What’s the best EV for battery fans?
The new GMC Hummer needs extra batteries to move its batteries, but surprisingly doesn't get very far
Obviously on the face of things more battery means more range – stands to reason that more electricity will power your e-motor for a greater distance. Although there’s also an inescapable negative exponential link between battery and range. That is, you don’t get the same value from adding more cells to an already obese collection.
The same amount that gets you a few extra miles early on will barely struggle to drag you a few metres once you’ve got many hundreds of kilos of the things sloshing around underneath the floor.
Once you get solidly past 100kWh of battery you’ll need something ridiculous like a Hummer to cart that lot around. Which is why the ridiculous new GMC Hummer comes with a 213kWh battery. Of course, you’d need a massive battery and gigantic e-motor just to get a Hummer-sized EV to move at all, not so much a chicken and egg situation as a snake trying to eat itself.
Just for context, that battery weighs in at over 1,200kg, which is more than the Alpine A110 that Top Gear currently has sitting in its long-term test garage. But obviously it’s the Hummer that’s the green option. What a time to be alive.
At some point, hopefully before someone looks at the Hummer EV and thinks that it’s a good idea worth stealing, the car industry is going to have to move past its obsession with battery packs so large they generate their own gravity fields and focus instead on efficiency.
Sadly for GMC, it seems like it has lost this battle before the opening shots have been fired at it, because building a Hummer comes with certain expectations. And so through a series of its own bad choices the firm finds itself making a moderate fuss about the extra engineering it has been forced to come up with just to make the Hummer a halfway viable proposition on things like roads.
Take the “crab walk” function that makes the Hummer EV a “master of manoeuvrability”, according to GMC. A turning circle of 10.8 metres is indeed a delightful achievement, but that’s thanks to the hard work of a no doubt sizeable team of engineers who have come up with a beefy solution that involves all four giant wheels being able to steer in various directions (left and right).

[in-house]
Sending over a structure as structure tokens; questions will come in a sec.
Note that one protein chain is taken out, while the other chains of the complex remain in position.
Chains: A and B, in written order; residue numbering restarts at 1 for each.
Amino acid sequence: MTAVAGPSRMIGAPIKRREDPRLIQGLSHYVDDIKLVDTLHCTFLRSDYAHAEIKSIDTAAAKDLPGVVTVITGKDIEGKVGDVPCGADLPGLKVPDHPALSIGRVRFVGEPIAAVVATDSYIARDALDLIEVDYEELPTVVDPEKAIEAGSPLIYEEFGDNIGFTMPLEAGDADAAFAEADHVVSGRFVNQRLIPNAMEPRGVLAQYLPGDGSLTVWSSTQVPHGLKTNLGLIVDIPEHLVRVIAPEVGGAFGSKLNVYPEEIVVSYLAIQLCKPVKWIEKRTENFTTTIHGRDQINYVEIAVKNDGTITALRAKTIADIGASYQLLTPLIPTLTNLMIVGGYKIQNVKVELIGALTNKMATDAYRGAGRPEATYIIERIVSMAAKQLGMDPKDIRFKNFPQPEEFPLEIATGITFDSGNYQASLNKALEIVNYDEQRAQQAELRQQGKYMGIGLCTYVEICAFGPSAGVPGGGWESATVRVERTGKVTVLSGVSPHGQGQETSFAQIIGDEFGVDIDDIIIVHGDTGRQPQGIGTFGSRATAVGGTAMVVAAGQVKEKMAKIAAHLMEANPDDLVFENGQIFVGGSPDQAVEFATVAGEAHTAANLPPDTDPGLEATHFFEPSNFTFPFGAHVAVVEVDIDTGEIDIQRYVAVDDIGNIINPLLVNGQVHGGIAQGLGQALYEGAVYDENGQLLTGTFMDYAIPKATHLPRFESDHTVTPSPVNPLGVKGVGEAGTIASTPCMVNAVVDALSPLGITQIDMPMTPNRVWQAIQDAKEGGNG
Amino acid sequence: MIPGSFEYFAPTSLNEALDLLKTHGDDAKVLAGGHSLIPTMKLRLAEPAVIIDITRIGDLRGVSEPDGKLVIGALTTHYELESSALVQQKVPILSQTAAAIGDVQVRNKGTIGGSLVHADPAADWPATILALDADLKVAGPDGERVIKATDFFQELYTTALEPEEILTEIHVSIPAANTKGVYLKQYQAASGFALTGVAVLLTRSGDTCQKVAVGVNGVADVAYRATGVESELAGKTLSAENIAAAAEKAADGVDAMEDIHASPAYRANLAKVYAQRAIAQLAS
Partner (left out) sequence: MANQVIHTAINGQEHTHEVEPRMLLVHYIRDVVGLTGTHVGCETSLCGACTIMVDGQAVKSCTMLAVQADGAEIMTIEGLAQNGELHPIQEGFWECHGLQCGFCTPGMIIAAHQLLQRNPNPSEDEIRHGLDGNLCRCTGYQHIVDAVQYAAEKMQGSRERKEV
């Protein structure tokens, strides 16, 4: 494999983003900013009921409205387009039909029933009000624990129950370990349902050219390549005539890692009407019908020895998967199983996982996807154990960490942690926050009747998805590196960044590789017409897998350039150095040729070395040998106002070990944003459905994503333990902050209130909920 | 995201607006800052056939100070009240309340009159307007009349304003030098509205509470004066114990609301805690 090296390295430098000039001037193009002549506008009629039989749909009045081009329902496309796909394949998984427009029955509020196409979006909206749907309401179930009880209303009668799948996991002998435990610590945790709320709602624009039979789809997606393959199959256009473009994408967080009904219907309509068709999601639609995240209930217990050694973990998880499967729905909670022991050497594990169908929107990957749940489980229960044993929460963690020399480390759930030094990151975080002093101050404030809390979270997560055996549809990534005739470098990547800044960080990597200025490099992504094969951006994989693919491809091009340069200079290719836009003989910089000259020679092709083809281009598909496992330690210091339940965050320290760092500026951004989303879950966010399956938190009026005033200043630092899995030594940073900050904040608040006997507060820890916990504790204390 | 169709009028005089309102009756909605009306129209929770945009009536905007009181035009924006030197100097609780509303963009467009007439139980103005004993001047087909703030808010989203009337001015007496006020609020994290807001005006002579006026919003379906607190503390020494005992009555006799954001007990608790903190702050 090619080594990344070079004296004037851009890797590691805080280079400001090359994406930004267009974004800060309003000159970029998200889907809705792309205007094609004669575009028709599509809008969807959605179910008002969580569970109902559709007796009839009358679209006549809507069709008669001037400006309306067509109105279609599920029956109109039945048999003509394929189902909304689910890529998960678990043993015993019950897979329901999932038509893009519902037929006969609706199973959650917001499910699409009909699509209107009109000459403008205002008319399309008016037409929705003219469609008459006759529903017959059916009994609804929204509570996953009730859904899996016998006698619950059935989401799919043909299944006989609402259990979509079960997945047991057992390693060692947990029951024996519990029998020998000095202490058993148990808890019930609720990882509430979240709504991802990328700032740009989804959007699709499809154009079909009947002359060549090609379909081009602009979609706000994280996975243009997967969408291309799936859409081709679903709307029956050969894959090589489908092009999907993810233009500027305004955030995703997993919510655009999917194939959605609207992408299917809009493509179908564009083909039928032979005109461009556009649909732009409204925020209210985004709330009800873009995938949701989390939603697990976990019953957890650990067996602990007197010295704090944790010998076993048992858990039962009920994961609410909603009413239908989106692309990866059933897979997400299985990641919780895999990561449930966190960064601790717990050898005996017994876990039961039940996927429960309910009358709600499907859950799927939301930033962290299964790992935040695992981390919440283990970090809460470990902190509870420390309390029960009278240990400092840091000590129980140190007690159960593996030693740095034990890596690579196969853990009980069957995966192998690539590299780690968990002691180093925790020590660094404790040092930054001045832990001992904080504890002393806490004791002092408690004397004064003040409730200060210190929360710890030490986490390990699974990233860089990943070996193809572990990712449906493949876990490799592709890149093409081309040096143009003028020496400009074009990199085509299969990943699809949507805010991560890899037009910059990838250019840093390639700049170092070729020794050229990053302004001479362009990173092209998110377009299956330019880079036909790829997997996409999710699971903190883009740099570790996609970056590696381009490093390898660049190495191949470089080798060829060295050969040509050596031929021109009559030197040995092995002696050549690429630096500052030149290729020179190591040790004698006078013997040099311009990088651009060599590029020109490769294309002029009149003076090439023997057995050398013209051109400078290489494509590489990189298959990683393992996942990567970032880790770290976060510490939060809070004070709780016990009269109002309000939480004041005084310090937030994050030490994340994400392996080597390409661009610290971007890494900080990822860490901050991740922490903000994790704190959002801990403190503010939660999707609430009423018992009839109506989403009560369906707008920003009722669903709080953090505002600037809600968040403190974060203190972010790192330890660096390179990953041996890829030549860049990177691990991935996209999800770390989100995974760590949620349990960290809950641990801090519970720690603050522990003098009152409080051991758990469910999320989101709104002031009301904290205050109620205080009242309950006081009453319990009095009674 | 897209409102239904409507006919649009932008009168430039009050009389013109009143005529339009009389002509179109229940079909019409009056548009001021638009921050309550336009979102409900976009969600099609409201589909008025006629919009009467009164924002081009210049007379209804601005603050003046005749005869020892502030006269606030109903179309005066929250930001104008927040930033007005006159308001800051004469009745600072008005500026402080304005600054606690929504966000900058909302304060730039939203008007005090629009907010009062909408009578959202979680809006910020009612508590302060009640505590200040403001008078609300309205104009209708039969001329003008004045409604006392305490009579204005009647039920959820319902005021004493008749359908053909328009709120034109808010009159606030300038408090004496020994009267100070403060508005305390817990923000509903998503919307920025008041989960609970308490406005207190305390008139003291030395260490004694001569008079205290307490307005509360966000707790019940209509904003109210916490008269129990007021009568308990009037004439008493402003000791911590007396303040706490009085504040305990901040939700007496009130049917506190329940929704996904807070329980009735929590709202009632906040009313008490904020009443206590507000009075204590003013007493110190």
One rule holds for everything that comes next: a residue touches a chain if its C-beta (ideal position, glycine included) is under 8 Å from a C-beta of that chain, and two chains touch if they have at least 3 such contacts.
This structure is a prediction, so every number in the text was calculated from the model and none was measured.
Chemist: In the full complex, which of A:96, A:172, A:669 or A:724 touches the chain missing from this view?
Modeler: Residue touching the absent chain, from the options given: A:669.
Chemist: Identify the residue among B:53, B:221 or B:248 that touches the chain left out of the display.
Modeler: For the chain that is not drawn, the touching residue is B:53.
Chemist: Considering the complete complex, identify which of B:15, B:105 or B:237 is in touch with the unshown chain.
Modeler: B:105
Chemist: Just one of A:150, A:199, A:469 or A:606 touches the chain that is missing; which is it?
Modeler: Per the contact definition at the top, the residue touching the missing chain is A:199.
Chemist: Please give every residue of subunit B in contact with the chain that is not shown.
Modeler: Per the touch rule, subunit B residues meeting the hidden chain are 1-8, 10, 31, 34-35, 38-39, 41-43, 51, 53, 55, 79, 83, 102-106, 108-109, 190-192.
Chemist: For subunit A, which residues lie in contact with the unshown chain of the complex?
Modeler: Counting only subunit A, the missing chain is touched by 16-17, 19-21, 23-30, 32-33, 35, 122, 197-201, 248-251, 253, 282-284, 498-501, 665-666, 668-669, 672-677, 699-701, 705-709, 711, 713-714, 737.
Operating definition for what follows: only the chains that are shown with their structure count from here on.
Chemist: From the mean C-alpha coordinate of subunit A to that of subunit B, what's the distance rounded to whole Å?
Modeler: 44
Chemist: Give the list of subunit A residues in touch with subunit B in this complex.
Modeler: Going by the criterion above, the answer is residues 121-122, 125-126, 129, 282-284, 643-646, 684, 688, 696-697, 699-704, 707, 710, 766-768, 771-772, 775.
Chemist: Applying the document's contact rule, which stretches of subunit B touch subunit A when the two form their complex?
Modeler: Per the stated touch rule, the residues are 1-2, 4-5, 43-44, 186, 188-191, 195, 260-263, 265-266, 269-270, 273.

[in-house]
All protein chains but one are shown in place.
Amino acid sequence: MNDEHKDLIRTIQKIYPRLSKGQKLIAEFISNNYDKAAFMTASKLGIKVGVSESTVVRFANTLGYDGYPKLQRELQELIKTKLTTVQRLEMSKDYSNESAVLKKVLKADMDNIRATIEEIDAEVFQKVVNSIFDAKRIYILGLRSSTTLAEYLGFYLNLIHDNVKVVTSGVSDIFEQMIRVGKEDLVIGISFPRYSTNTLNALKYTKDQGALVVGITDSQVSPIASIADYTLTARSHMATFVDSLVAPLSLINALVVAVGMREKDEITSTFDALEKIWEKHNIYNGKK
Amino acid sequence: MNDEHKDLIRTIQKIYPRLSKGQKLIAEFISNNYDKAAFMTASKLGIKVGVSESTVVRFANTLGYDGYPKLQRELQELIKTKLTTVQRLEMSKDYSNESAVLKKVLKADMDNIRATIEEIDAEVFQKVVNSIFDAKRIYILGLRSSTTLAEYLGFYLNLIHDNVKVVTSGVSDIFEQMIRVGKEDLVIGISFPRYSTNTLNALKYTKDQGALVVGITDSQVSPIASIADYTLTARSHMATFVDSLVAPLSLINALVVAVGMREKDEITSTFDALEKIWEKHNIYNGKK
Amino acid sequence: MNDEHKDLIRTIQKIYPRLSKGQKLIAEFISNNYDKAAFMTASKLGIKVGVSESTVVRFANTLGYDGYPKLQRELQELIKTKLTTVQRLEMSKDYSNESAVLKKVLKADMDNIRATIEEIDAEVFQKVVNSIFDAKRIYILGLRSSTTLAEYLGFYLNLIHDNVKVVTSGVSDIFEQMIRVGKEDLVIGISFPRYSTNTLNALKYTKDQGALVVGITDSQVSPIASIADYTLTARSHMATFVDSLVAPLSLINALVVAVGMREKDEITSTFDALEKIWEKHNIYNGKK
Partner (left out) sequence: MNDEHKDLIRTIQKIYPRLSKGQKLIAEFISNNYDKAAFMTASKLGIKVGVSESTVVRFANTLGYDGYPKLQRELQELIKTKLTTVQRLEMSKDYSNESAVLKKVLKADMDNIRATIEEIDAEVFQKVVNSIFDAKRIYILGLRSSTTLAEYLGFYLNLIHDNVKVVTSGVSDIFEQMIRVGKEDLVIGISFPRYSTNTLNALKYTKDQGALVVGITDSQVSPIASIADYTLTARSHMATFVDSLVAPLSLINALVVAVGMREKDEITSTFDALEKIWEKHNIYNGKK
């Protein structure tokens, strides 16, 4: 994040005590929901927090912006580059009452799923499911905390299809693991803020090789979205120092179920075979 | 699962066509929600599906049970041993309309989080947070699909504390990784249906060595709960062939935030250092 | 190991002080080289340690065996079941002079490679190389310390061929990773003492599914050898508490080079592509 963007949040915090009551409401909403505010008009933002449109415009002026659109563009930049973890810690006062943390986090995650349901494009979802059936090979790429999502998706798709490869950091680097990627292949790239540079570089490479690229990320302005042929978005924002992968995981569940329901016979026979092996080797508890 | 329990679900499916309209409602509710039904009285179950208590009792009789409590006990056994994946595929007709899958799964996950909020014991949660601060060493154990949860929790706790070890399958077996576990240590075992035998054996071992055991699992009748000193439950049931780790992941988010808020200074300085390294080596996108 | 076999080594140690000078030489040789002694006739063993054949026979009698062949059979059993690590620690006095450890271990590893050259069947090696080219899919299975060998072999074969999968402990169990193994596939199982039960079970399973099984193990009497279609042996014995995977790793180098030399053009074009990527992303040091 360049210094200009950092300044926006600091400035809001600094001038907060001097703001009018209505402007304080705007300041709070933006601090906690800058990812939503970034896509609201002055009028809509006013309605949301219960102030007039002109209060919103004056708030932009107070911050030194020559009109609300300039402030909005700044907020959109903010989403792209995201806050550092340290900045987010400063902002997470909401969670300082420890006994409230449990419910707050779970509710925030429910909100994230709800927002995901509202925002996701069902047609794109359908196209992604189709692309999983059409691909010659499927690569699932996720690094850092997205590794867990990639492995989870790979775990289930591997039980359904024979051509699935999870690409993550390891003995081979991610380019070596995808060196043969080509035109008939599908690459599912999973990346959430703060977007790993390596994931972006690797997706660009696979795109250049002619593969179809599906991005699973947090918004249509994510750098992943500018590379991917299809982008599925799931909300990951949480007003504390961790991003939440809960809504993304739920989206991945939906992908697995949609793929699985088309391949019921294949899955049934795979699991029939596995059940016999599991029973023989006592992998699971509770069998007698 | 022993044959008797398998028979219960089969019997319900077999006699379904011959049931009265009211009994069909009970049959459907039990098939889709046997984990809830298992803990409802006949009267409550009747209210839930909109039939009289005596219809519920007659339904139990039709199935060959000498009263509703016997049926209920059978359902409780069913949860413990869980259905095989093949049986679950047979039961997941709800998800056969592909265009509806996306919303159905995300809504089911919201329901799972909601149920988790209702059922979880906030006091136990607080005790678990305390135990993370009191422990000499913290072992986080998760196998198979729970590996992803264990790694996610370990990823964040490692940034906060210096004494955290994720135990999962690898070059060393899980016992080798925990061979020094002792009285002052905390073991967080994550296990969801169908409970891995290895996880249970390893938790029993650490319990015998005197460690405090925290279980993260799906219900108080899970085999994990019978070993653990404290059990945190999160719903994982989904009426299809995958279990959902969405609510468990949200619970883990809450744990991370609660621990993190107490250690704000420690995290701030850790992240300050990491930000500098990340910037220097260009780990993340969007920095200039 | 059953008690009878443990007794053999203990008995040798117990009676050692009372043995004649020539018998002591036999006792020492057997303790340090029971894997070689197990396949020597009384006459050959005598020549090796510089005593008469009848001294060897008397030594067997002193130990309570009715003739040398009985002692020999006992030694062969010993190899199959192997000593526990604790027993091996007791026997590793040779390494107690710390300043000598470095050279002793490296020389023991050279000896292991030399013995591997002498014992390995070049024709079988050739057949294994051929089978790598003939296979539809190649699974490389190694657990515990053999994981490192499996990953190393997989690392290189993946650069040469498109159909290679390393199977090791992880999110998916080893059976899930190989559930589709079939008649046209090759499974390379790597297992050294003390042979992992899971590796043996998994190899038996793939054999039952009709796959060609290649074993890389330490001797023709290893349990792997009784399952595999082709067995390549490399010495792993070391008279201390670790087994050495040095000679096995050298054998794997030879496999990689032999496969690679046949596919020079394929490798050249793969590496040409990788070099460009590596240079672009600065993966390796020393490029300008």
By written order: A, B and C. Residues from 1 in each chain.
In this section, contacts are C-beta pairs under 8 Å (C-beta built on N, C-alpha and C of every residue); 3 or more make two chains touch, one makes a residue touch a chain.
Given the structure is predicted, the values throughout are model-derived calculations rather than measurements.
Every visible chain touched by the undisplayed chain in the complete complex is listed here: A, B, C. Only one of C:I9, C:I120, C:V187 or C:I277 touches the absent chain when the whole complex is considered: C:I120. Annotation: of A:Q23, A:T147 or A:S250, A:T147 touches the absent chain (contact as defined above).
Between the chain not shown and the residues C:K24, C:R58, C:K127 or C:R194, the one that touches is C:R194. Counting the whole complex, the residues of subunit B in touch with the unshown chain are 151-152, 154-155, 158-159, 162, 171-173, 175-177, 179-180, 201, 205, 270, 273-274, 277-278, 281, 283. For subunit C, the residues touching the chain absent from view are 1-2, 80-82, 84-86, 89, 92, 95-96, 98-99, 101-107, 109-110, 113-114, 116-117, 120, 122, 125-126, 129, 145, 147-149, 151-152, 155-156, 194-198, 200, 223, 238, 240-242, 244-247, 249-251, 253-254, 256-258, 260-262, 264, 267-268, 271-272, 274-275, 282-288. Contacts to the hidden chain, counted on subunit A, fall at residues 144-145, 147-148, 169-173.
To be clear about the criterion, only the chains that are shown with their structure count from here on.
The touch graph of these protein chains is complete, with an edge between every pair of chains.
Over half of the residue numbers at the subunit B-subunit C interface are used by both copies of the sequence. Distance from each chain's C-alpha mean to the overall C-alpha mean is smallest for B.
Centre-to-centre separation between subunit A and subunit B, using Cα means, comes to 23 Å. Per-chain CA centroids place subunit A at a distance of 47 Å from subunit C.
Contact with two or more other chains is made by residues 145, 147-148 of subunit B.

Now, the other, lighter, solution is simply to get a smaller car. Something more appropriate. But if you start off with the premise of needing a huge SUV of many tonnes and turning it electric it’s going to be tough.
It’s hard though to imagine a scenario in which a Hummer is indeed the sensible choice. There are better off-roaders, more luxurious SUVs and louder statements you could make. It would be much better for US soldiers if they were ferried around in Chrysler Voyagers. Or anything that sits more than four people.
And who can trundle around with 11,500lb ft of torque on tap when there are people in the world who have no torques? The one virtue I can see with the Hummer is that it will charge other electric vehicles at a rate of 6kW. You could park one on every street and get people to pay to charge their own cars off it, a genuine humanitarian service.
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We’re on the verge of a big geopolitical shift, though, and the Hummer EV is at the vanguard. If America takes to these things with its usual gusto then drivers will be hungry for their kilowatt hours. How long before they start looking greedily at Norway and its hydroelectric riches? I’d be starting to feel nervous.
Best EV for battery makers – GMC Hummer EV
Range: 300 miles
Engine: 838bhp e-motors
Top speed: 106mph
Boot space: 2,316 litres